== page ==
On October 17, a series of big hits forced the NFL, which wants to “enhance” the season from 16 to 18 games, to take steps aimed at limiting certain hits against certain players in certain types of conditions.
The concept is simple. Generally speaking, players in defenseless postures (most importantly, those who are catching a pass and those who are throwing one) can’t be hit in the head or with the head. Though greatly complexity resides in the margins, the basic rule can be summarized that easily.
For a variety of reasons, the league’s message hasn’t really taken. In some respects, the league hasn’t communicated effectively the things that the rules allow and forbid. Also, the league’s more lenient handling of infractions like cheating (Spygate II) and fighting (Johnson-Finnegan I) has created a sense of inconsistency regarding the league’s zeal in enforcing the rules. To make matters worse, some in the media have done a poor job of drawing the line between legal and illegal hits.
Then there’s the reality that players generally have resisted — and in Pittsburgh loudly — the league’s enhanced enforcement methods. But much of the complaints are inaccurate, primarily because the players refuse to comprehend the rules, or because they choose to ignore them.
And now the virus is spreading beyond Pittsburgh.
Earlier this week, Ravens linebacker Terrell Suggs said that Steelers linebacker James Harrison has been “red-flagged” by the league, an accurate observation given that Harrison: (1) has violated the rules multiple times; and (2) has said repeatedly that he won’t change his ways. Now, Ravens linebacker Jarret Johnson has supplied a sound bite that speaks more to the question of whether Harrison is being targeted unfairly.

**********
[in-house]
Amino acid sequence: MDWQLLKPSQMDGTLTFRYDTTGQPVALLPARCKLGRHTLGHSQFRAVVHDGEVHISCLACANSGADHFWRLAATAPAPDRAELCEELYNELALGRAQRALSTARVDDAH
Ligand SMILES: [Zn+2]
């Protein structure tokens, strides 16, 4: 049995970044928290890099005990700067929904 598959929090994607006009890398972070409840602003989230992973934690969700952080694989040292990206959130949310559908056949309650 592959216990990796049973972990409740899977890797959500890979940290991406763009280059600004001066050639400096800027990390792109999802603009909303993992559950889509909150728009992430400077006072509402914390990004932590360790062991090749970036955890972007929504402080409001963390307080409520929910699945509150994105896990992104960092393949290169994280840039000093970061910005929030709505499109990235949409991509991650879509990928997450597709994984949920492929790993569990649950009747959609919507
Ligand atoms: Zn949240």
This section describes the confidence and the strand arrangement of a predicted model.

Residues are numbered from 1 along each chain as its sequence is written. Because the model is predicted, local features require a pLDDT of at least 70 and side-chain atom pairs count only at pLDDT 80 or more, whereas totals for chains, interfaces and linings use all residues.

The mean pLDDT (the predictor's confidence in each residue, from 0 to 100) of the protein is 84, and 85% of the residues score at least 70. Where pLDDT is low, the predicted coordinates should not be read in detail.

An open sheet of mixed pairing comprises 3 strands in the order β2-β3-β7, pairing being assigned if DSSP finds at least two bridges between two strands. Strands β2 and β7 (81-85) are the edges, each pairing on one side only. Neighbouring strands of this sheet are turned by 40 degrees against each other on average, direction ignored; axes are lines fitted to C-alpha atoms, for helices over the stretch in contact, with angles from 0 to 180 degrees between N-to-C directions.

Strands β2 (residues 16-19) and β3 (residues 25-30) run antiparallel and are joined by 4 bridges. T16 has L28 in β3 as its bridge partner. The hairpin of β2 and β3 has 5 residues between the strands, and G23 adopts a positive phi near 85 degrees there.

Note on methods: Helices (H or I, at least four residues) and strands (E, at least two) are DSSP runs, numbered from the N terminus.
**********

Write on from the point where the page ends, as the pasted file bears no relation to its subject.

“I don’t think a tenth of that is fair to him,” Johnson tells Alex Marvez of FOXSports.com in reference to the $125,000 in fines imposed on Harrison for four separate incidents during the 2010 season.
Johnson’s perspective possibly has been skewed by his experiences. Marvez reports that, since the start of the 2009 season, the officials failed on 11 of 12 occasions to throw a flag in response to an illegal hit on Baltimore quarterback Joe Flacco.
As a result, Flacco doesn’t care about fines imposed after the fact; he wants flags thrown when flags are merited. “If it is a penalty, that’s all I want,” Flacco told Marvez. “I don’t want them to get fined a week afterward. I’ve gotten hit in the head and we haven’t had any roughing-the-passer calls. There’s been several over the past couple of years and we don’t get penalties. . . . I just hope it gets called evenly both ways.”
As to the Ravens defense, coach John Harbaugh has sounded far more reasonable that his counterpart in Pittsburgh when talking about one of his players.
“He’s just as physical as he’s ever been,” Harbaugh told Marvez regarding linebacker Ray Lewis. “But he’s been doing it within the rules, I think out of respect for the guys he’s been going against.”
That’s the thing that often gets lost in this discussion. Though the league admits the connection between expanding the season and increasing the enforcement methods for illegal hits, the fact that these illegal hits can injure players is irrelevant to the total number of games played. If players spent more time reflecting on the purpose of these rules and less time on complaining about the impact on their ability to deliver crippling hits, maybe the players would simply commit to adhering to the rules.
Until that happens, the issue will continue to provide a distraction, especially as more fines (and maybe suspensions) are used to effect change.